Is your school keeping its brand promise?

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As a marketer, especially a school marketer, you probably find yourself acting as a brand guardian – someone who is charged with ensuring that the school stays true to itself and its brand.

This often means fielding questions from executive staff about the correct use of branding, logos, even the voice and language you use.

Your school brand goes beyond the logo or crest on the students’ uniforms. It is the set of values that differentiate you and your educational offerings from competitors. It involves the high-quality interactions that you have with stakeholders and, furthermore, the actions that you have put in place to delight them across all your marketing channels.

If marketing is all about making promises, then branding is about keeping them.

President of New Business Strategies Christine Crandell recognises that a brand promise is critical in order to win your customer’s business. Her message is to try to exceed the stakeholders’ expectations. It is also a warning that your brand will quickly suffer if you over promise and under-deliver.

So, is your school keeping its brand promise? Here are three important steps to ensure that your school is keeping its brand promise:

Step one: Determine the ideal parent persona for your school. What collateral and interactions do they most enjoy? Also, theorise about what ‘turns them off,’ what don’t they like about school interactions. Do the same thing with your ideal student personas.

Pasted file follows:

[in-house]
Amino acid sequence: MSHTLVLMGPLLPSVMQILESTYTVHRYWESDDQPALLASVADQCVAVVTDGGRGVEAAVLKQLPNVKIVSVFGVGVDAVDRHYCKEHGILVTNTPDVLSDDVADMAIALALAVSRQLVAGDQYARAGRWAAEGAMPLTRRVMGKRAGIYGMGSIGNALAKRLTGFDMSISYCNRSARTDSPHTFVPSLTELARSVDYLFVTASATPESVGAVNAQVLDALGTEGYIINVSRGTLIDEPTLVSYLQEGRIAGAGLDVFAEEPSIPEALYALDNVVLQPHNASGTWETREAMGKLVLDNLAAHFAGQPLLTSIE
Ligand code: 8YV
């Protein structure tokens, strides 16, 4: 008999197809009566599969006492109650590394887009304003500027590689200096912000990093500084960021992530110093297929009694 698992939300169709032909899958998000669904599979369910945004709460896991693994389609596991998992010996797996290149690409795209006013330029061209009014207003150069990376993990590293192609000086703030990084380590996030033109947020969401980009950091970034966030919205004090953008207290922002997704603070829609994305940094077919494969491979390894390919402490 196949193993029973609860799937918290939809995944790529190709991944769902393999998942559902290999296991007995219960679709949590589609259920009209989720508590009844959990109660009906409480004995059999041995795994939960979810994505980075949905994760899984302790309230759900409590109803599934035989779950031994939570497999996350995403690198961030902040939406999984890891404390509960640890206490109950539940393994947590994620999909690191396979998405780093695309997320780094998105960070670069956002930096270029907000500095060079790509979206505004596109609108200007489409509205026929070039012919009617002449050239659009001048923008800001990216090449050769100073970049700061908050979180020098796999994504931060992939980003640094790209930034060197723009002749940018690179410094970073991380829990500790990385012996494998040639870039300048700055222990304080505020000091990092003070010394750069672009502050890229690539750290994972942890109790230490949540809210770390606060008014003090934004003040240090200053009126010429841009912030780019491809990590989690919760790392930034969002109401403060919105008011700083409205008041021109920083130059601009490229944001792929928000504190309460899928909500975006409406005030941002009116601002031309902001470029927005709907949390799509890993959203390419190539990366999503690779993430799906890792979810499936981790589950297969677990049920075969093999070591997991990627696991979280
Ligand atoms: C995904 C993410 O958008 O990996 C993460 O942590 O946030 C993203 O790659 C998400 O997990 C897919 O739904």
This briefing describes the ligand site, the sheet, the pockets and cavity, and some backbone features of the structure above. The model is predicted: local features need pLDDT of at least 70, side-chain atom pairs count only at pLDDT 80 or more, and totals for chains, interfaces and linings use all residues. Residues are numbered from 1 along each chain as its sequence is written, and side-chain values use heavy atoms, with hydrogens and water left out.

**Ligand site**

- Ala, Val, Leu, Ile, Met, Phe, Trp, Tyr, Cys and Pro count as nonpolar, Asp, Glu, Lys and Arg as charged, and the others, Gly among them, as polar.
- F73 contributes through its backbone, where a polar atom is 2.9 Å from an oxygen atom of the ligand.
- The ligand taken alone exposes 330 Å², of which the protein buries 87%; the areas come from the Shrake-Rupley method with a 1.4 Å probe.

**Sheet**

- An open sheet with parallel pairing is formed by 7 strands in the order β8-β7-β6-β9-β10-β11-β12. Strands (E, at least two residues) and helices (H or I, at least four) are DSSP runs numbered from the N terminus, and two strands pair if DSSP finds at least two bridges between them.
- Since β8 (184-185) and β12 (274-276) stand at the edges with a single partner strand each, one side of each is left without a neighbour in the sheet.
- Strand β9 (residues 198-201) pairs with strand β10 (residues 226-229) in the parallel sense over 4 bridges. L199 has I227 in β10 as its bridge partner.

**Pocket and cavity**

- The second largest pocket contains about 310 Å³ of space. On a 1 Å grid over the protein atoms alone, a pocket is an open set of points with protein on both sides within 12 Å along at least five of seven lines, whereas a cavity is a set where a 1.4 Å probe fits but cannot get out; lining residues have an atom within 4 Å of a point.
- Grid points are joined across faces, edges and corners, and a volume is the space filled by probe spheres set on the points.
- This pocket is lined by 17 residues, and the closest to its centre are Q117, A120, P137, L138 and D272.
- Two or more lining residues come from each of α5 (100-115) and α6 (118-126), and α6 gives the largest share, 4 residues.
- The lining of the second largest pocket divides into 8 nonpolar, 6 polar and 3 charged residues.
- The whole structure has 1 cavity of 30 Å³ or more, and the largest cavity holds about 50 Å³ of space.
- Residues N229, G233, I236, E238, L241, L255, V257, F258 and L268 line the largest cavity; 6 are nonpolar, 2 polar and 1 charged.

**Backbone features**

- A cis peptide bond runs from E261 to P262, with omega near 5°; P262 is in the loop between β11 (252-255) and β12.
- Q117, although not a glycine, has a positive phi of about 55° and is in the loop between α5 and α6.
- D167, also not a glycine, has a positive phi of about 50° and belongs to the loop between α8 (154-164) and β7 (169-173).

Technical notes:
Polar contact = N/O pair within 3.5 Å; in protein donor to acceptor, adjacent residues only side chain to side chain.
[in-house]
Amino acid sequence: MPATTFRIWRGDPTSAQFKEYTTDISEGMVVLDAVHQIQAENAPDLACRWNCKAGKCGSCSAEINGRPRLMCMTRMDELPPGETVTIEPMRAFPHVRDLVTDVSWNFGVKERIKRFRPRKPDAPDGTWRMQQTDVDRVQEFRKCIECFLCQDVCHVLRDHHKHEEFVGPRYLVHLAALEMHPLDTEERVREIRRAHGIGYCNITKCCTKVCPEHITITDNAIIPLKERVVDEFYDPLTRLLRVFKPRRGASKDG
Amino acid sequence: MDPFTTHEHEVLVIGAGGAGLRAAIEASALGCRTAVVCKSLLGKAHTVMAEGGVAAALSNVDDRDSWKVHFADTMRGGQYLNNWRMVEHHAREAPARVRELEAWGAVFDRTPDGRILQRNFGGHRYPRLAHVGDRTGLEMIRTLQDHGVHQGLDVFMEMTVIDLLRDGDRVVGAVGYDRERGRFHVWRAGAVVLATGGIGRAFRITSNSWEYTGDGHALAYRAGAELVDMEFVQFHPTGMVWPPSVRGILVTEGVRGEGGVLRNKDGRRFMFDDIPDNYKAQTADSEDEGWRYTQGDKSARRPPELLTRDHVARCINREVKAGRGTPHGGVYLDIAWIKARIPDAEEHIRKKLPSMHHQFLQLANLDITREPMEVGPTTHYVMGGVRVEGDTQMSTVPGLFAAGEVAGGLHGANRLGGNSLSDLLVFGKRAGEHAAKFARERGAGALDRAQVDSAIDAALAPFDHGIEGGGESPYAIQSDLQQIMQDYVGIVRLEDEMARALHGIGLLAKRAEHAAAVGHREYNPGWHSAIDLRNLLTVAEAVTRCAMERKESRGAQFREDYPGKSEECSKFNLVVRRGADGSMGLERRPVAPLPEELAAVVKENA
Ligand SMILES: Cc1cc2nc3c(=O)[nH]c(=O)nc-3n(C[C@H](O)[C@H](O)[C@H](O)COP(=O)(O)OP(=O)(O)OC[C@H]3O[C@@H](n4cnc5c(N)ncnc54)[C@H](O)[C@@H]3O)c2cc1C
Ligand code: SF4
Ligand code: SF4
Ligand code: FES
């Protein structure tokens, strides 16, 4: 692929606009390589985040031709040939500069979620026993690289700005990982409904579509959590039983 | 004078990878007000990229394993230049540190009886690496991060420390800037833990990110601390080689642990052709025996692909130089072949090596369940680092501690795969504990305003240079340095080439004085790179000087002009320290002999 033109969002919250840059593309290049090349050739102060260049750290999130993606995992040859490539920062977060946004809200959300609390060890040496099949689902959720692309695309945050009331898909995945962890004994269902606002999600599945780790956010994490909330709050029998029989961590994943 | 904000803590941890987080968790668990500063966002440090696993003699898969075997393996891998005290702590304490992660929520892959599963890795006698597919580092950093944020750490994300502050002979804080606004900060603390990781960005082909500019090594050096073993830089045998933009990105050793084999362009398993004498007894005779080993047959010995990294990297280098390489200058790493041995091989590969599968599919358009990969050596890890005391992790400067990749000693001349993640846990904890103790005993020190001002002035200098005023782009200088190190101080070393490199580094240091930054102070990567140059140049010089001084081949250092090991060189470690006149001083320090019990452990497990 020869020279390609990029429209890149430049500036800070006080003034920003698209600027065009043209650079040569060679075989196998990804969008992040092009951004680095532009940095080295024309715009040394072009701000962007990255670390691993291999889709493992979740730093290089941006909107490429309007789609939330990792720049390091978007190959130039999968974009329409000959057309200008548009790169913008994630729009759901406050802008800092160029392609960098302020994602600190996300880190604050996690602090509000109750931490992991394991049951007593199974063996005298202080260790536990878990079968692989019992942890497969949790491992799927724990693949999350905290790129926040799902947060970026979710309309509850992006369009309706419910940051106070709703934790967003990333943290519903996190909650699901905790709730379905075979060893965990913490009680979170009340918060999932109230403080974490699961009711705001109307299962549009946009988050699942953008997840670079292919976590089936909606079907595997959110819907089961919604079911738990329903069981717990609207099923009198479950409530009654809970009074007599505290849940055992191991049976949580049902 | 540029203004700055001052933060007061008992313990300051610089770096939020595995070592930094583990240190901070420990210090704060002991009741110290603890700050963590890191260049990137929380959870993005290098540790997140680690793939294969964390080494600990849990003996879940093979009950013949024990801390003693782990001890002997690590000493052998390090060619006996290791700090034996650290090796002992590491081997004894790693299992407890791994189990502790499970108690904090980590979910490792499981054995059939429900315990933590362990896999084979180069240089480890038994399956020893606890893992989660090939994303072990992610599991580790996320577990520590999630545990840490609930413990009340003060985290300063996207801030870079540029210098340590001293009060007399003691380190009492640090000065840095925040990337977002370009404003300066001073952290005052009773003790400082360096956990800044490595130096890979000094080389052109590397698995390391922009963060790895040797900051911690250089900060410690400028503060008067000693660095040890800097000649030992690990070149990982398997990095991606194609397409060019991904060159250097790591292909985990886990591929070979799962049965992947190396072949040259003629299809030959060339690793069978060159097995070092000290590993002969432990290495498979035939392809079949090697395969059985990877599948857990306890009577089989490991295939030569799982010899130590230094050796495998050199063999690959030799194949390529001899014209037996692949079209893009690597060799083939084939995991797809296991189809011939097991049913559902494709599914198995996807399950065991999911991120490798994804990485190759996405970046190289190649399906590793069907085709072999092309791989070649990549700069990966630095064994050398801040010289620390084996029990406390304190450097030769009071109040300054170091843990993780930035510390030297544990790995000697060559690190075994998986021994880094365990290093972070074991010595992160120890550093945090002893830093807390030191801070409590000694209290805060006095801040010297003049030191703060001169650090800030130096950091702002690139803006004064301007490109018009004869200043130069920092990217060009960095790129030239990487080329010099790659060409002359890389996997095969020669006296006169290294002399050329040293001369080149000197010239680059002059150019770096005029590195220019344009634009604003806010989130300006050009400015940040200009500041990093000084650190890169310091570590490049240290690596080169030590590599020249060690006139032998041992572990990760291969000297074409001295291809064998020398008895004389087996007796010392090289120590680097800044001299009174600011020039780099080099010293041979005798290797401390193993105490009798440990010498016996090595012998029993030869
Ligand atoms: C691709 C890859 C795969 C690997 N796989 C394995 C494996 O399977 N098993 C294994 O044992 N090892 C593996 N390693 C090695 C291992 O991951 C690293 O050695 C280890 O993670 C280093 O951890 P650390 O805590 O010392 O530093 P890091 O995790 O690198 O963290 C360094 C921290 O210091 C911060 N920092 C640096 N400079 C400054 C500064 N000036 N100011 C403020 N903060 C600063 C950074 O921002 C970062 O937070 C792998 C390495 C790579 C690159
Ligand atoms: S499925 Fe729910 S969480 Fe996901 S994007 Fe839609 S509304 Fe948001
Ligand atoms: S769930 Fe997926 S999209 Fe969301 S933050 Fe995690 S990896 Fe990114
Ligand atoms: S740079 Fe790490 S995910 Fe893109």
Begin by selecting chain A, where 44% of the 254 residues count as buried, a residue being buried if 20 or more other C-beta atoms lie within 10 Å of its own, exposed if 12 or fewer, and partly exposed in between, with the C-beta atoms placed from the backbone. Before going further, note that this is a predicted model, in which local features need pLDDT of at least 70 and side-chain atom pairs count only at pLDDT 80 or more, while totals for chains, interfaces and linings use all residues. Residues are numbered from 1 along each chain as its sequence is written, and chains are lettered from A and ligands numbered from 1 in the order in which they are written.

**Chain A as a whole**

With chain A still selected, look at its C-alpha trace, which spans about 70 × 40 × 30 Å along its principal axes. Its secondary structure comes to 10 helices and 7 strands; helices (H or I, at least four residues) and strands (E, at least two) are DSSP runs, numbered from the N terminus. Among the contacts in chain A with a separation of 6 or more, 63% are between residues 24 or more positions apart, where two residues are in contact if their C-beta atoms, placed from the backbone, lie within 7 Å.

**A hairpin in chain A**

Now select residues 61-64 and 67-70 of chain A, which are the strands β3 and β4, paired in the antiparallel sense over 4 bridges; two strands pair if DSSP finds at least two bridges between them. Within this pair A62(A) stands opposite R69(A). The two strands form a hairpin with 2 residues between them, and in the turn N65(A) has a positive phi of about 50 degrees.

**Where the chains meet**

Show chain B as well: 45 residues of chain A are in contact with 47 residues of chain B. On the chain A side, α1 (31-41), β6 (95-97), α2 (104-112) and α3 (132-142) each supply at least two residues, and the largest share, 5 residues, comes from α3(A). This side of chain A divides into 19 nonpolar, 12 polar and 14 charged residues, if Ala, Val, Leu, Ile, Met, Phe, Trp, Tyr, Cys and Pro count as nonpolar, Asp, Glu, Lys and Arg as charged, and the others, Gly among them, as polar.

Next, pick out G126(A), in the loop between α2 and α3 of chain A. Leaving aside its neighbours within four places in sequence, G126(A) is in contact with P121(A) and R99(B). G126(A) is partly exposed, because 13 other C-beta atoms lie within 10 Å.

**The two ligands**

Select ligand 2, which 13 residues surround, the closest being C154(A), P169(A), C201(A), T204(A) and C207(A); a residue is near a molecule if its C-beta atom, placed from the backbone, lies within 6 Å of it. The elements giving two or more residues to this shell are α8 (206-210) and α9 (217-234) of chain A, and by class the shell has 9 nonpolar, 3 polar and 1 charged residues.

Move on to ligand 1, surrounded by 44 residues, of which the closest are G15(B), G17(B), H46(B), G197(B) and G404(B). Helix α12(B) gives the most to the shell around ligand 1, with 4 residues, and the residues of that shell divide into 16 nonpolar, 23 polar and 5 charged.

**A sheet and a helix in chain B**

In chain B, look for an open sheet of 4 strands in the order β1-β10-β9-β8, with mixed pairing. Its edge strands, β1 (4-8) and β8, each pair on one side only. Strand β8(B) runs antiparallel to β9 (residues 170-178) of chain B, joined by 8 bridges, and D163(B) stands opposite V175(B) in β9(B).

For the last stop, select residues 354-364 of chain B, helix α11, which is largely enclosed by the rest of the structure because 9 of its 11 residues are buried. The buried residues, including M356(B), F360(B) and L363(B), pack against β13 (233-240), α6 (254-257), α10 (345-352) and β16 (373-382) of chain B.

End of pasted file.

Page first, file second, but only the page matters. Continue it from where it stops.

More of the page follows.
Step two: Is your messaging consistent across all your communication channels. You may need to invest time and resources into developing a style guide for your school’s marketing team. Be sure to update it regularly whenever you come across new ways to reinforce your brand. The way you communicate should emphasise the key attributes of your school to your school community. Your brand should evoke trust, quality, identity and breed loyalty with parents.

Step three: Incorporate your community history in your school branding. People want information about your school, because they want to believe in what you are offering. Providing details such as key staff profiles, foundations of the school, and the early founders and philosophy are ways to create more value through being transparent. Consumers today want to know more and more about who they are doing business with instead of solely seeking out product information.

Your brand is your reputation. It is your commitment to keep true to the standards and expectations that have been set. Your brand should also include all the things that you do, that make you an individual and enable you to stand out. Some call this ‘strategic positioning’ – but simply put, it is the act of your school keeping its brand promise.

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